3Get Rid of Left Turns
It turns out Derek Zoolander isn't the only one who can only turn right. Left turns account for most of the 2.4 million accidents that happen each year at intersections. That's not entirely surprising for anyone who's ever sat through an entire cycle of green lights waiting for the best time to lunge left. But unless you're a traffic engineer, you probably don't realize just how much left turns screw with our daily commute and general safety.
"We've lived our whole lives in here. Dad says our next holiday will be in the trunk."
They're such a statistical problem that UPS programmed their trucks' routes and navigation software to never make them. Not only did it make the routes safer, it actually saved the company enough time to deliver an additional 325,000 packages the first year they put the policy in place. Yes, going out of their way to avoid left turns actually saved them time.
OK, but what about those of us who aren't couriered about by a fleet of delivery trucks? Sometimes the place we're going is on the other side of the stream of cars speeding past our left shoulder, and there's no way around it.
"I'M A TANK, I'M A TANK, GET OUT MY WAY, I'M A TANK."
That's why traffic engineers have been taking the unorthodox step of trying to eliminate the left turn by redesigning the way roads intersect with one another. They've tried loop-based designs like the Michigan Left and New Jersey Jughandle, which failed to catch on as anything other than names for regional sexual maneuvers. They even tried something that looks like it would require a team of air traffic controllers. But when it comes to all-right-turn intersections, nobody's been able to beat the European free-for-all known as the roundabout.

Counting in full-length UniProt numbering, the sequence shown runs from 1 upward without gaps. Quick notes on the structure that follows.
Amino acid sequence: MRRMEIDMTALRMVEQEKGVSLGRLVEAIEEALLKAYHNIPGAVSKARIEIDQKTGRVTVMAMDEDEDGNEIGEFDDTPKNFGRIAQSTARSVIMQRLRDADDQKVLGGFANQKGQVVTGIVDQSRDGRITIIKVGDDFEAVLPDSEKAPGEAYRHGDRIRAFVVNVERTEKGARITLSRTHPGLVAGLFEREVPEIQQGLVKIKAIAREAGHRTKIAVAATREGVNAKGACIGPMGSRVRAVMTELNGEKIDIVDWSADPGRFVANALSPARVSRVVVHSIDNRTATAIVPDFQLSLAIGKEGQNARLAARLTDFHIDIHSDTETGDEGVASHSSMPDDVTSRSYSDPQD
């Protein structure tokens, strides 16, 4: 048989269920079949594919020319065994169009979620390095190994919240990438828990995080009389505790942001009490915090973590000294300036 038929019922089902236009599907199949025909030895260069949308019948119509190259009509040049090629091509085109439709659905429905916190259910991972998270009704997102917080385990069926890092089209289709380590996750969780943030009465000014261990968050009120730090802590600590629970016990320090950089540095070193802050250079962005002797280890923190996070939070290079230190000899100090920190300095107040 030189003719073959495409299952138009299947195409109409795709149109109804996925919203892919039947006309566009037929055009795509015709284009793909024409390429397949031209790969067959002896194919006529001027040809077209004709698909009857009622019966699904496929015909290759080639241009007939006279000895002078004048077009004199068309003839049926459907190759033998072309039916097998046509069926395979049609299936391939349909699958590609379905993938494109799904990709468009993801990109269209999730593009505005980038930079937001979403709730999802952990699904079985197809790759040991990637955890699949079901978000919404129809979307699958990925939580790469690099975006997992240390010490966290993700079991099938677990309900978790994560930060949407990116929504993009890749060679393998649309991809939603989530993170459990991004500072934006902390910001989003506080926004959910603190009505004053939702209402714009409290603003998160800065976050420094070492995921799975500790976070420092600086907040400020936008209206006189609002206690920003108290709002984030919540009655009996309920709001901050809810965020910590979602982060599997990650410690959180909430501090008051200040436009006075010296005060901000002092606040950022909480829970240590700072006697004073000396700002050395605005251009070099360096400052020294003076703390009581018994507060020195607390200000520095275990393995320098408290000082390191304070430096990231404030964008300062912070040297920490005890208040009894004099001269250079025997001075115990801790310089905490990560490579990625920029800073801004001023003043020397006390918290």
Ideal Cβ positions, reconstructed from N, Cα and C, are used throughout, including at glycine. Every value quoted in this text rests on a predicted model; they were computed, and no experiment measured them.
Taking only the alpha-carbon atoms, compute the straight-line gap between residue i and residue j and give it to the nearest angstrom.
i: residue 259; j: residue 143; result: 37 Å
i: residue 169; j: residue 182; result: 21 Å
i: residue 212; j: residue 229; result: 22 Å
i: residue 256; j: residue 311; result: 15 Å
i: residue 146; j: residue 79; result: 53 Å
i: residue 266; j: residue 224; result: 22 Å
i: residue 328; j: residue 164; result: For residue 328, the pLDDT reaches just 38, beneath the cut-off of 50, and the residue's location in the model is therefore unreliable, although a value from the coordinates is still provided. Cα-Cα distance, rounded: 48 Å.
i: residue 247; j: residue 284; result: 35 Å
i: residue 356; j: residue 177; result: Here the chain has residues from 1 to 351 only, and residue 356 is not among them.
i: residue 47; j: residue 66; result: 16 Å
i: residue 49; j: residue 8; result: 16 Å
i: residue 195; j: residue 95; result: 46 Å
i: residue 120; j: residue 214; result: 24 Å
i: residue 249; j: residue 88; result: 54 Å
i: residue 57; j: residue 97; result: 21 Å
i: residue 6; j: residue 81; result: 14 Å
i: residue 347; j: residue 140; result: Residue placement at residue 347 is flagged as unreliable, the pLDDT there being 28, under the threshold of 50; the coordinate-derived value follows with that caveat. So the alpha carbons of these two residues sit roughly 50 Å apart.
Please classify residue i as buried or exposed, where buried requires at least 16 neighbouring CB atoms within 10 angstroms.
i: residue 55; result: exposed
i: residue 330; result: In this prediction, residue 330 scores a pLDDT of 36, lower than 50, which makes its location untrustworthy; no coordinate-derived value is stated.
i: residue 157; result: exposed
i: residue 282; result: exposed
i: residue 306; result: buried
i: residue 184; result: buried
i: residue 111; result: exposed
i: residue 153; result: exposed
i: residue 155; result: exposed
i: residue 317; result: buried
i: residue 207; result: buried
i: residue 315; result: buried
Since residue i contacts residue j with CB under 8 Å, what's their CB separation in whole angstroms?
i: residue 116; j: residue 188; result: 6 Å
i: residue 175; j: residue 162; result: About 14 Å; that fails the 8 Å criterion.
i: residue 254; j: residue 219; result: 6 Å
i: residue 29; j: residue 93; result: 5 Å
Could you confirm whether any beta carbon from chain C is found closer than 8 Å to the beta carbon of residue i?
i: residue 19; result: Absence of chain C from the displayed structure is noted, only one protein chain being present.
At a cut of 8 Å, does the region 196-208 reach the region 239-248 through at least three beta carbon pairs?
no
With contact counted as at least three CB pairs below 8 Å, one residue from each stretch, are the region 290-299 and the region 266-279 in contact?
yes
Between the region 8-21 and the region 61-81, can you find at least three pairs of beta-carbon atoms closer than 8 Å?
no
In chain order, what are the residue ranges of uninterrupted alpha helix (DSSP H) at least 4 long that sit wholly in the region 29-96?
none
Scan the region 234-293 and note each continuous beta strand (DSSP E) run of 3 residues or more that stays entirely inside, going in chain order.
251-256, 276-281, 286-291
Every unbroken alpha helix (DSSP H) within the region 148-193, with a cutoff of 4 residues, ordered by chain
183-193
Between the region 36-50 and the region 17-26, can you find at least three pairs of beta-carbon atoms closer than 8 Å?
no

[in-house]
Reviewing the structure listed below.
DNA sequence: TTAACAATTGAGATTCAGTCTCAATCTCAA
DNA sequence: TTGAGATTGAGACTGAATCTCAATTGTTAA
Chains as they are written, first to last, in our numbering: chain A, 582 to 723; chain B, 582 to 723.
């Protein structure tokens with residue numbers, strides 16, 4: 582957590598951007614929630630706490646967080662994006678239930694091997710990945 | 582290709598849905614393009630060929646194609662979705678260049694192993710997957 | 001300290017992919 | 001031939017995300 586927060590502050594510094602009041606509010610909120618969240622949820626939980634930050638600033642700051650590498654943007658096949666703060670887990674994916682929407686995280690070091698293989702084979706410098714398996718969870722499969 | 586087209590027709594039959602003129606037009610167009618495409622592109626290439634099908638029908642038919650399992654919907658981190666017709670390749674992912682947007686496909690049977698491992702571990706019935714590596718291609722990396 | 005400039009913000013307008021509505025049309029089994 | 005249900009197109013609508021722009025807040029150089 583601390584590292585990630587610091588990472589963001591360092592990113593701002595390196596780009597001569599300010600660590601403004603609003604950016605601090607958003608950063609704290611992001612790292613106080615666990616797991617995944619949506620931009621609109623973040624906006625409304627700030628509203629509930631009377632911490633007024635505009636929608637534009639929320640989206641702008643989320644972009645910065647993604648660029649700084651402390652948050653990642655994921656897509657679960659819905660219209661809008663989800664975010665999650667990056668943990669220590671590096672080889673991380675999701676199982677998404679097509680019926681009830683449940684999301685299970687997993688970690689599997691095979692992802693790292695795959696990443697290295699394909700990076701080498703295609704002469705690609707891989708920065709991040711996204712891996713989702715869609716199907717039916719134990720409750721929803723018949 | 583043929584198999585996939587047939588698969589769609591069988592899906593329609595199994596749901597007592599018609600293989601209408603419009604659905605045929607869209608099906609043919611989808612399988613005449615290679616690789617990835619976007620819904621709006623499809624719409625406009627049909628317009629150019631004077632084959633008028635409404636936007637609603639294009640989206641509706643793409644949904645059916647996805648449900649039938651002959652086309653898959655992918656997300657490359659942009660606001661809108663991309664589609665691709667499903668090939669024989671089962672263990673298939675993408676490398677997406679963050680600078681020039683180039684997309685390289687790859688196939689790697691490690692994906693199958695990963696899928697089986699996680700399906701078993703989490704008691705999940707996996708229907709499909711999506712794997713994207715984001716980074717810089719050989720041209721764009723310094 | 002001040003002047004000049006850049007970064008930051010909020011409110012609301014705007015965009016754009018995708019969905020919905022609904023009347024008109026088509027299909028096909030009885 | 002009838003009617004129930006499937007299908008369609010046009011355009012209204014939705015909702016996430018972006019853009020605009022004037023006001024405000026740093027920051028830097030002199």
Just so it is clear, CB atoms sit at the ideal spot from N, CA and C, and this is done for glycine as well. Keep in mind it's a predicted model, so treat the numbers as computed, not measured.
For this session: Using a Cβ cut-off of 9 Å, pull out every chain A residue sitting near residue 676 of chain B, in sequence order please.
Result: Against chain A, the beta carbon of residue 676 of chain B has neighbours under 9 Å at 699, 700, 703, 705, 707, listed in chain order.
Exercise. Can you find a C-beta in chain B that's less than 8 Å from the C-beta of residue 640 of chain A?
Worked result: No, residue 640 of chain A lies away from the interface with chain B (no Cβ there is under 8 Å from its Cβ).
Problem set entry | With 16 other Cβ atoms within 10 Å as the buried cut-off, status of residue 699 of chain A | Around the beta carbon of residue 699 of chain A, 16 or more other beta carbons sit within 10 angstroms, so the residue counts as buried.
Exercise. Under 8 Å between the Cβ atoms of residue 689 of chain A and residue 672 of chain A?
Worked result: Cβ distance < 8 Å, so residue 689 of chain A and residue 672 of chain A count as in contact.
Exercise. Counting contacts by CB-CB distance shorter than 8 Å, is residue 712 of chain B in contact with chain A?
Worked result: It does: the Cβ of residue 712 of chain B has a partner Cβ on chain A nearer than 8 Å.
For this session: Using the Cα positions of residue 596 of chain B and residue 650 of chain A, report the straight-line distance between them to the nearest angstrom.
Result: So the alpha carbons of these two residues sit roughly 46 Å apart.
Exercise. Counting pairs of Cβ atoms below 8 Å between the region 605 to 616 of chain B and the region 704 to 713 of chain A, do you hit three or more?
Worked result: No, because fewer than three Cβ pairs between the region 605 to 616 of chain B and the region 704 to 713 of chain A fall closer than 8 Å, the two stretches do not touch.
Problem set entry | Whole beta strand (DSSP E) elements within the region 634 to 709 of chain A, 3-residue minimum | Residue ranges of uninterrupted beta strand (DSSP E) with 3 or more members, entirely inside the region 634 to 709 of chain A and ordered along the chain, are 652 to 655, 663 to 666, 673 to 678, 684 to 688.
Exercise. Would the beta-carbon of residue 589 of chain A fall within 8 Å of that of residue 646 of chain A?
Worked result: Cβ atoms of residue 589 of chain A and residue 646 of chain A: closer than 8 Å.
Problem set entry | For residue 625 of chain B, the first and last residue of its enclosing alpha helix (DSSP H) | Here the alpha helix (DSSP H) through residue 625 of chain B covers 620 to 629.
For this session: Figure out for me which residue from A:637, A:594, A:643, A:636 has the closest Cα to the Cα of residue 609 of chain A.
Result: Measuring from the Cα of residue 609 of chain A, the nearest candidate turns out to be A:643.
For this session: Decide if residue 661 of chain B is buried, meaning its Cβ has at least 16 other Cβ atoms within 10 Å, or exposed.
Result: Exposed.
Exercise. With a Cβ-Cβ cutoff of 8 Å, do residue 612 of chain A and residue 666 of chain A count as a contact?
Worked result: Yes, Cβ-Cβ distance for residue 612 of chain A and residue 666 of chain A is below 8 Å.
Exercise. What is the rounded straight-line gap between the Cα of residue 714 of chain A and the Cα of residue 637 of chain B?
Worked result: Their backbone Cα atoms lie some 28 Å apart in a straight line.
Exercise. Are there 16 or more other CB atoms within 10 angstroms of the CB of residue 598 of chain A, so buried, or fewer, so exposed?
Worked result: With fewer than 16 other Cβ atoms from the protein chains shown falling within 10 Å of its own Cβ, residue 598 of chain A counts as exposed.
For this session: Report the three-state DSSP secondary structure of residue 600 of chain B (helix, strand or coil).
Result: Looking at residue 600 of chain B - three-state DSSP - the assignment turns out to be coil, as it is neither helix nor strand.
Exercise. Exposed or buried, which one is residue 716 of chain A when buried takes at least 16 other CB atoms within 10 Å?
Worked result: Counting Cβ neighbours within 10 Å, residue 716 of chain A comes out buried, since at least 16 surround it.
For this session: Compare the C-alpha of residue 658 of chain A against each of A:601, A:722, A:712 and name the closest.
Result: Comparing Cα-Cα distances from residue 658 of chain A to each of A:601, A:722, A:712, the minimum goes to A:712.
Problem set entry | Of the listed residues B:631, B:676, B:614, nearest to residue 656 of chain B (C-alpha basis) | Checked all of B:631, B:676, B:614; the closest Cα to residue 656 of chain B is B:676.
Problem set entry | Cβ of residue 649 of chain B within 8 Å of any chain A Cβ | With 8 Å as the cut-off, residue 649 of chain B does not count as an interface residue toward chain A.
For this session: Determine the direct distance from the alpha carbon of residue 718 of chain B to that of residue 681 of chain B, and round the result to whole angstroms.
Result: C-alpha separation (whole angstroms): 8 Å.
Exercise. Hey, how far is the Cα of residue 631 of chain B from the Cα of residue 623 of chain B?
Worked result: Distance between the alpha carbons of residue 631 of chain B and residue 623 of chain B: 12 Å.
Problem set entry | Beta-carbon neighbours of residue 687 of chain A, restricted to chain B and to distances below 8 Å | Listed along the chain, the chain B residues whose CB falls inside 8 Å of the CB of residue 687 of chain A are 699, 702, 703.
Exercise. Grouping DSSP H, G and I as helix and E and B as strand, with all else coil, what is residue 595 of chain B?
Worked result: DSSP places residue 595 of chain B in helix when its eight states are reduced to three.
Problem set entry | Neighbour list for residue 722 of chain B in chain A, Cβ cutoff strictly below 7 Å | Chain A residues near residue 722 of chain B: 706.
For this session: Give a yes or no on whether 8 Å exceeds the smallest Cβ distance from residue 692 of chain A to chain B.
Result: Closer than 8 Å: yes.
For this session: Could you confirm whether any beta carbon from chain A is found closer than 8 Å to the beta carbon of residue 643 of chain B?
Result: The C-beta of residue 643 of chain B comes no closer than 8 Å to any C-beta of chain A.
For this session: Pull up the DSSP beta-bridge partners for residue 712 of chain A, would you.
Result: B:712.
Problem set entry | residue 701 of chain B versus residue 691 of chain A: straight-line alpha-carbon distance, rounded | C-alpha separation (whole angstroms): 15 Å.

Of course, such laissez-faire intersections might work in Europe, where conflict avoidance is the only thing they take more seriously than soccer. Here in America, we have things called rules, and something called technology, and the Ghostbusters, who taught us that if something is deadly, you throw electricity at it until it begs for mercy.
Nice try, oncoming traffic.
Actually, American intersections that got rid of left turns by converting traffic lights and four-way stops into roundabouts became almost twice as safe and efficient. A 2005 study found that roundabouts reduced rush hour delays over left-turn-reliant intersections by up to 93 percent, and congestion by up to 83 percent. A 2000 study that focused on safety saw a 38 percent reduction in total crash rates and a massive 90 percent reduction in crashes that resulted in either life-threatening or fatal injuries. The reason for this drop is quite simple: By using a roundabout, there are fewer directions from which you can get hit by a fellow driver, because all the cars are going the same way. It may feel more stressful, but your stress is focused on the one thing that matters (hint, it's not the text you're writing to a friend while waiting for the light to turn). There's also the fact that roundabouts require you to slow down, as opposed to yellow lights, which require you to speed up to get through them before your license plate gets photographed.
Unfortunately, roundabouts are more stressful than being told what to do by blinking lights. This makes them extremely unpopular with Americans who aren't politicians looking for something to scream about. Drivers usually come around once they're in place, and saving everyone time and money (by reducing your reliance on the brakes, they can also reduce annual fuel consumption at the intersection by more than 20,000 gallons).